February 22, 2024

Allianz Risk Barometer Says Cyber and BI Biggest Worries

Business Man Thinking at Laptop in Office

Extreme weather events, fires and explosions, geopolitical risks, ransomware attacks and the Covid-19 pandemic have all tested global supply chains in recent years.

This is reflected in the results of the Allianz Risk Barometer, an annual survey which asks businesses to nominate their top risk concerns for the year ahead. In the 2023 survey, cyber incidents and business interruption (BI) rank as the biggest company worries for the second year in succession. Levels of interruption increased dramatically following Covid-19, as shortages and transportation delays exacerbated the business impact of natural catastrophes, fires, and machinery and equipment breakdowns, leading to shortages of materials and spare parts and longer times to complete repairs. However, many of these supply chain pressures have eased in 2023, according to Scott Inglis, Head of Global Practice Group for Property and Business Interruption Claims, Allianz Commercial.

Extreme weather dominates recent claims activity

However, not all business interruption loss activity has eased. The top causes of business interruption claims remain consistent, with the most frequent and expensive damage arising from natural catastrophe and fire and explosion activity, with natural catastrophe-driven loss activity rising, according to Sarah Versavaud, an Executive General Adjuster in the Chief Claims Office at Allianz Commercial.

“When looking at the costliest business interruption events for large corporates over the past two years, the top 20 is dominated by natural catastrophe activity,” says Versavaud.

Political violence on the rise

Businesses and their supply chains face considerable geopolitical risks with war in Ukraine and ongoing tensions between the US and China over Taiwan, and more recently with conflict in the Middle East. So far, these events have only had limited impact on supply chains and shipping routes but could become more relevant for business interruption going forward. “There are a lot of political headwinds out there right now,” says Inglis.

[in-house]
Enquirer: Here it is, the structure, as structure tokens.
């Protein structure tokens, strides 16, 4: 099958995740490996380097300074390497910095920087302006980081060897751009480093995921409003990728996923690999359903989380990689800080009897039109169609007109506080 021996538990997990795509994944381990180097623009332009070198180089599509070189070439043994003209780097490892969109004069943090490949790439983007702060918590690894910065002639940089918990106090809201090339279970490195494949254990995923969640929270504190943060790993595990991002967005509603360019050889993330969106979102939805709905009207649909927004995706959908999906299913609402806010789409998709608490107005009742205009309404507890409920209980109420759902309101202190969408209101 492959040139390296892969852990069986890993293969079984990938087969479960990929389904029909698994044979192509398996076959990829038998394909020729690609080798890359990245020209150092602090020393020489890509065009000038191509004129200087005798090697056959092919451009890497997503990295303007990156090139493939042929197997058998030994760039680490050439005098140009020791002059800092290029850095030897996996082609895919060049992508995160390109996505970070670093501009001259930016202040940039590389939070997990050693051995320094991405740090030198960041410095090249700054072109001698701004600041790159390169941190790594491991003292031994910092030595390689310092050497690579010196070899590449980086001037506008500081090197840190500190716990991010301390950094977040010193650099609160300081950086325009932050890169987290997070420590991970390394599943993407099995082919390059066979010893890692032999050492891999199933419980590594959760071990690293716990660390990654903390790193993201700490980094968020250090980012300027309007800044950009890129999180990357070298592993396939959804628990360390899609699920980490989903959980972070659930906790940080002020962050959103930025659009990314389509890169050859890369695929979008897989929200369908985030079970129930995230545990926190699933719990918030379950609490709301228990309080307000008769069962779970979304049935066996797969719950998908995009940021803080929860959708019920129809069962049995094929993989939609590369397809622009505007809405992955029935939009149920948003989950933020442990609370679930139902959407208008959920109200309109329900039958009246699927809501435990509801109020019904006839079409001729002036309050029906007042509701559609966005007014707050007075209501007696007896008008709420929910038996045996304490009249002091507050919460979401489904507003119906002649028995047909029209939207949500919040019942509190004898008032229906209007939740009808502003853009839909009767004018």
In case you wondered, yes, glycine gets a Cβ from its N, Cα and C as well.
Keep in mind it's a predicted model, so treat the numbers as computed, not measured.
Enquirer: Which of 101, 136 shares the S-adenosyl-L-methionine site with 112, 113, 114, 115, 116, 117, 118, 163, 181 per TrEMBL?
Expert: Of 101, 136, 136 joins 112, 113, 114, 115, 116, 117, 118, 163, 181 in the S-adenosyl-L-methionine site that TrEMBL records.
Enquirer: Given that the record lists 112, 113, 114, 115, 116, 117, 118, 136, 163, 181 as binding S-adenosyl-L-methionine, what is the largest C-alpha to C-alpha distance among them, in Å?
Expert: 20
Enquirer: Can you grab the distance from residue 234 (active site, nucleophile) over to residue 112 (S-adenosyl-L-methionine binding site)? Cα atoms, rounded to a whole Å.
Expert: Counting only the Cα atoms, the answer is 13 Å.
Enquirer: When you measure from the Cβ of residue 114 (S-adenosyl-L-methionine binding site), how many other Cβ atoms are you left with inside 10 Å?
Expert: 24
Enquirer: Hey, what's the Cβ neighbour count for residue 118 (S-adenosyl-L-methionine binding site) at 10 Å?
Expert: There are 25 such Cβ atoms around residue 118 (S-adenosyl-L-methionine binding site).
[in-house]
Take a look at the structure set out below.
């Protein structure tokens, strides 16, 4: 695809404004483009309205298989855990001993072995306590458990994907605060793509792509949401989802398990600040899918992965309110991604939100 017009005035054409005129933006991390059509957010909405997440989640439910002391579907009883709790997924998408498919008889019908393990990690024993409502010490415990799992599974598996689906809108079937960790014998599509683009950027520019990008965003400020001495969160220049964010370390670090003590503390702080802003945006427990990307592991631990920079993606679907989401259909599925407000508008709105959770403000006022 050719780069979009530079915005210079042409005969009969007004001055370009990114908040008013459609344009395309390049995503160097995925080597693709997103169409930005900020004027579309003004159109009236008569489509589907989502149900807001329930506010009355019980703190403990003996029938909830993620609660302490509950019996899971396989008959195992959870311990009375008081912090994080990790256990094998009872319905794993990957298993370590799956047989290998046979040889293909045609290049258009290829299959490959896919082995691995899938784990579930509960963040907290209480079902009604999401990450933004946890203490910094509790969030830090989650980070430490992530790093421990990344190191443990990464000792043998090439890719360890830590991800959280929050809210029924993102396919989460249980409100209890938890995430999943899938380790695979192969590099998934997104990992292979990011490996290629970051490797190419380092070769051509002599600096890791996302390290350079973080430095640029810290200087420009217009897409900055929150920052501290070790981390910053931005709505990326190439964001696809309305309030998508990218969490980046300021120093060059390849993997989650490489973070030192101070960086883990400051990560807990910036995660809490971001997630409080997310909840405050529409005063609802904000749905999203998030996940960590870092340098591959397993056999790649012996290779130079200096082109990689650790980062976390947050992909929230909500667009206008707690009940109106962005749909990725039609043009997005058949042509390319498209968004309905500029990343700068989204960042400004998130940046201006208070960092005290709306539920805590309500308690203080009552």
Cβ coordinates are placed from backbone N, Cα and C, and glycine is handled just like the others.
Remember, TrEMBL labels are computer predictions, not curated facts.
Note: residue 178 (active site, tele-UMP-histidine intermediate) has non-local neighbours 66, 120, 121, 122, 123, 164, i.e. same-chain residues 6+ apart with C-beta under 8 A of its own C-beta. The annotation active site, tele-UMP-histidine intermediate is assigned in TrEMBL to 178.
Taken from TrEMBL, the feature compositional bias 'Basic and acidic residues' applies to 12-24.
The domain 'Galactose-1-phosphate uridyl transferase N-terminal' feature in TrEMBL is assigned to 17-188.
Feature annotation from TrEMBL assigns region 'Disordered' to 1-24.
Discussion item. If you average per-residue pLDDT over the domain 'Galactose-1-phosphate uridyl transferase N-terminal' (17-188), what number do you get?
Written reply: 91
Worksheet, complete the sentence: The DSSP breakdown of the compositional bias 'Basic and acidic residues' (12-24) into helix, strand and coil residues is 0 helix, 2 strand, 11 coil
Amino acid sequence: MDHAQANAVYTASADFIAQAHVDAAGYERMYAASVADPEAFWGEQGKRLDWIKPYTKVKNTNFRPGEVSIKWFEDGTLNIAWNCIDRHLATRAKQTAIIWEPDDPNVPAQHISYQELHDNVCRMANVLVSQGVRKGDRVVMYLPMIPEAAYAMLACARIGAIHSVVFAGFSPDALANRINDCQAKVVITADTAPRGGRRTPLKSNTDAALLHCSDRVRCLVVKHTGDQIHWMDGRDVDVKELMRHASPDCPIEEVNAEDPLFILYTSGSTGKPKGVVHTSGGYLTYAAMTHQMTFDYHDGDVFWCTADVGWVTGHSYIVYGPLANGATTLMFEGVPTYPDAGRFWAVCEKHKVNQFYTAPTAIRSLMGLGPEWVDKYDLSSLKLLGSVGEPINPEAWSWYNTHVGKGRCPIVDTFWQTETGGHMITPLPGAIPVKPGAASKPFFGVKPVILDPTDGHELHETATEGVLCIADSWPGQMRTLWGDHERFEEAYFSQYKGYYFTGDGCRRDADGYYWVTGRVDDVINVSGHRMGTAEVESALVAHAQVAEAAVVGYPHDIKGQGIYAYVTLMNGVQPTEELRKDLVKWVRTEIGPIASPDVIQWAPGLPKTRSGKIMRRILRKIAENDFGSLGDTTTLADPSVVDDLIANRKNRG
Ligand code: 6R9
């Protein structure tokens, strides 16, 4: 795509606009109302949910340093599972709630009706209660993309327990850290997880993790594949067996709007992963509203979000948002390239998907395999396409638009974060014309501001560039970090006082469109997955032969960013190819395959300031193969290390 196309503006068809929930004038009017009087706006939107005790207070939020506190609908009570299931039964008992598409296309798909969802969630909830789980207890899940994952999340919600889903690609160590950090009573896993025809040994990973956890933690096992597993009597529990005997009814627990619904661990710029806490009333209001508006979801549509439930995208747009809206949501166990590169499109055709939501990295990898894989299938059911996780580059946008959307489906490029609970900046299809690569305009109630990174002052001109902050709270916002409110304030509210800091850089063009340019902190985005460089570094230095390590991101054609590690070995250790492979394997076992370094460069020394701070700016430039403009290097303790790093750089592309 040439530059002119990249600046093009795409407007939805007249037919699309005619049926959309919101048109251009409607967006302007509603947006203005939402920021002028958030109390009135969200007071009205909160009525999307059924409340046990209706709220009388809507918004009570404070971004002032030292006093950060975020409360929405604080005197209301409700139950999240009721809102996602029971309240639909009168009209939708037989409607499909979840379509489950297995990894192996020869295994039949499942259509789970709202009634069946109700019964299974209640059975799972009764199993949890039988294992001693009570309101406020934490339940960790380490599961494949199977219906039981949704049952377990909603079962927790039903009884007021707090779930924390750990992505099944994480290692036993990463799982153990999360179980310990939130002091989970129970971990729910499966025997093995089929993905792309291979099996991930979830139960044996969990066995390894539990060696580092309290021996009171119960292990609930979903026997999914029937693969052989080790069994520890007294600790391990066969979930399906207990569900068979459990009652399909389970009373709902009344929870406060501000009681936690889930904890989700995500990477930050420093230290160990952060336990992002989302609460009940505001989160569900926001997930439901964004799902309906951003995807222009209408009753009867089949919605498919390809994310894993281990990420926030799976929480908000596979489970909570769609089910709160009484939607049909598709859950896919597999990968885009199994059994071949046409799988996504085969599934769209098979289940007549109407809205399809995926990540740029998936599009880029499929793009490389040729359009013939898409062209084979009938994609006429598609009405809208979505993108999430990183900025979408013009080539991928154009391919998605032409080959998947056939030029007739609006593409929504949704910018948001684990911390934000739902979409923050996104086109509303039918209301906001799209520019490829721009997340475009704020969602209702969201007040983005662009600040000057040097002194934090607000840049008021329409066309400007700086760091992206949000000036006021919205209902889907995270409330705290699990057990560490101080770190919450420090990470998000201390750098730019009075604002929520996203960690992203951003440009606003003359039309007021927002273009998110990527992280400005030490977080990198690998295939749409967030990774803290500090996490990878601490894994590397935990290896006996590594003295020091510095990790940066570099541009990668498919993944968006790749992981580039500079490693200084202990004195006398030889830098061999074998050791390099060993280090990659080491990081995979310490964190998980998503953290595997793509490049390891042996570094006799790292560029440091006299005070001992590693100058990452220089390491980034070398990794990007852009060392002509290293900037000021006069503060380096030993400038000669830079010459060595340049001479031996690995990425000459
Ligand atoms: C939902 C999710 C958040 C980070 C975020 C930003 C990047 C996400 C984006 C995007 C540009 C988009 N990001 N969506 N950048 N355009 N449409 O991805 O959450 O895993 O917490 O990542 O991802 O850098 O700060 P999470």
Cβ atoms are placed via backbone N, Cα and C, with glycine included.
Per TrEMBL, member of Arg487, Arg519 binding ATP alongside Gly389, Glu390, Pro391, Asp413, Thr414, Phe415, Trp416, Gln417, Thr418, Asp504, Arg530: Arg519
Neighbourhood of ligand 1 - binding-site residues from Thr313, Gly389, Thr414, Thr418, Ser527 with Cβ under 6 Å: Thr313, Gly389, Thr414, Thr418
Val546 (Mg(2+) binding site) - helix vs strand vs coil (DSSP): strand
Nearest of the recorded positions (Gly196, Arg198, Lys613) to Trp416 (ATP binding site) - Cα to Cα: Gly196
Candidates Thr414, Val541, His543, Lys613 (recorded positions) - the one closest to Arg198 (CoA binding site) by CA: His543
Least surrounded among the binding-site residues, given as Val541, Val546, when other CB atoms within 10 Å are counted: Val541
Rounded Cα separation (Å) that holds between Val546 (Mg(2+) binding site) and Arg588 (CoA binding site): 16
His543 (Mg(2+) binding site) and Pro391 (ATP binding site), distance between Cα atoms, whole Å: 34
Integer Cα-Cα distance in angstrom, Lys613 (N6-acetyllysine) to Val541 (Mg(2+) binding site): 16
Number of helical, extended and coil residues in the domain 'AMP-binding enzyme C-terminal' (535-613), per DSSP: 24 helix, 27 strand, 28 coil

The Russia-Ukraine conflict has resulted in some claims, mostly property damage and consequential business interruption from retail businesses with exposures in the region, explains Versavaud. “It can be challenging to get a handle on such claims, where getting loss adjusters on the ground is sometimes not possible.”

Inflation, political instability, and climate change activism have also contributed to rising civil unrest in many parts of the world. According to analyst Verisk Maplecroft, political risk at the start of 2023 was at a five-year high, with some 100 countries considered at high or extreme risk of civil unrest. According to Versavaud, a wave of protests in France this summer following the fatal shooting of teenager Nahel Merzouk resulted in significant business interruption claims in retail business from riot cover under property insurance policies.

ESG concerns and ‘green clauses’

Environmental, social, and governance (ESG) concerns are increasingly featuring in property claims, with implications for the cost and extent of business interruption. Versavaud says large corporate clients are increasingly concerned about their environmental impact when rebuilding damaged property.

“It is encouraging that more companies are concerned about ESG in the context of claims and are interested in alternative solutions. However, sustainable options can also have implications for business interruption and insurance coverage. For example, sustainable options – such as shipping spare parts via a lower carbon intensive form of transport, rather than air freight – can result in a longer period of business interruption or lead to extra expenses,” says Versavaud.

Commercial property insurance traditionally pays out on a like-for-like replacement basis, although ‘green’ reinstatement clauses are now being included in some policies that give insureds more flexibility around more sustainable options.

“We are seeing more requests from insureds to accommodate ESG requirements in claims, yet this is not always well covered by standard property policy wordings. We are introducing ‘green’ clauses that enable insureds to integrate sustainable characteristics into a rebuild, but these are not widespread, and do not always cover other areas of ESG such as expediting expenses.” The industry will need to work on this, says Versavaud.

Article Courtesy of SmartsPublishing.com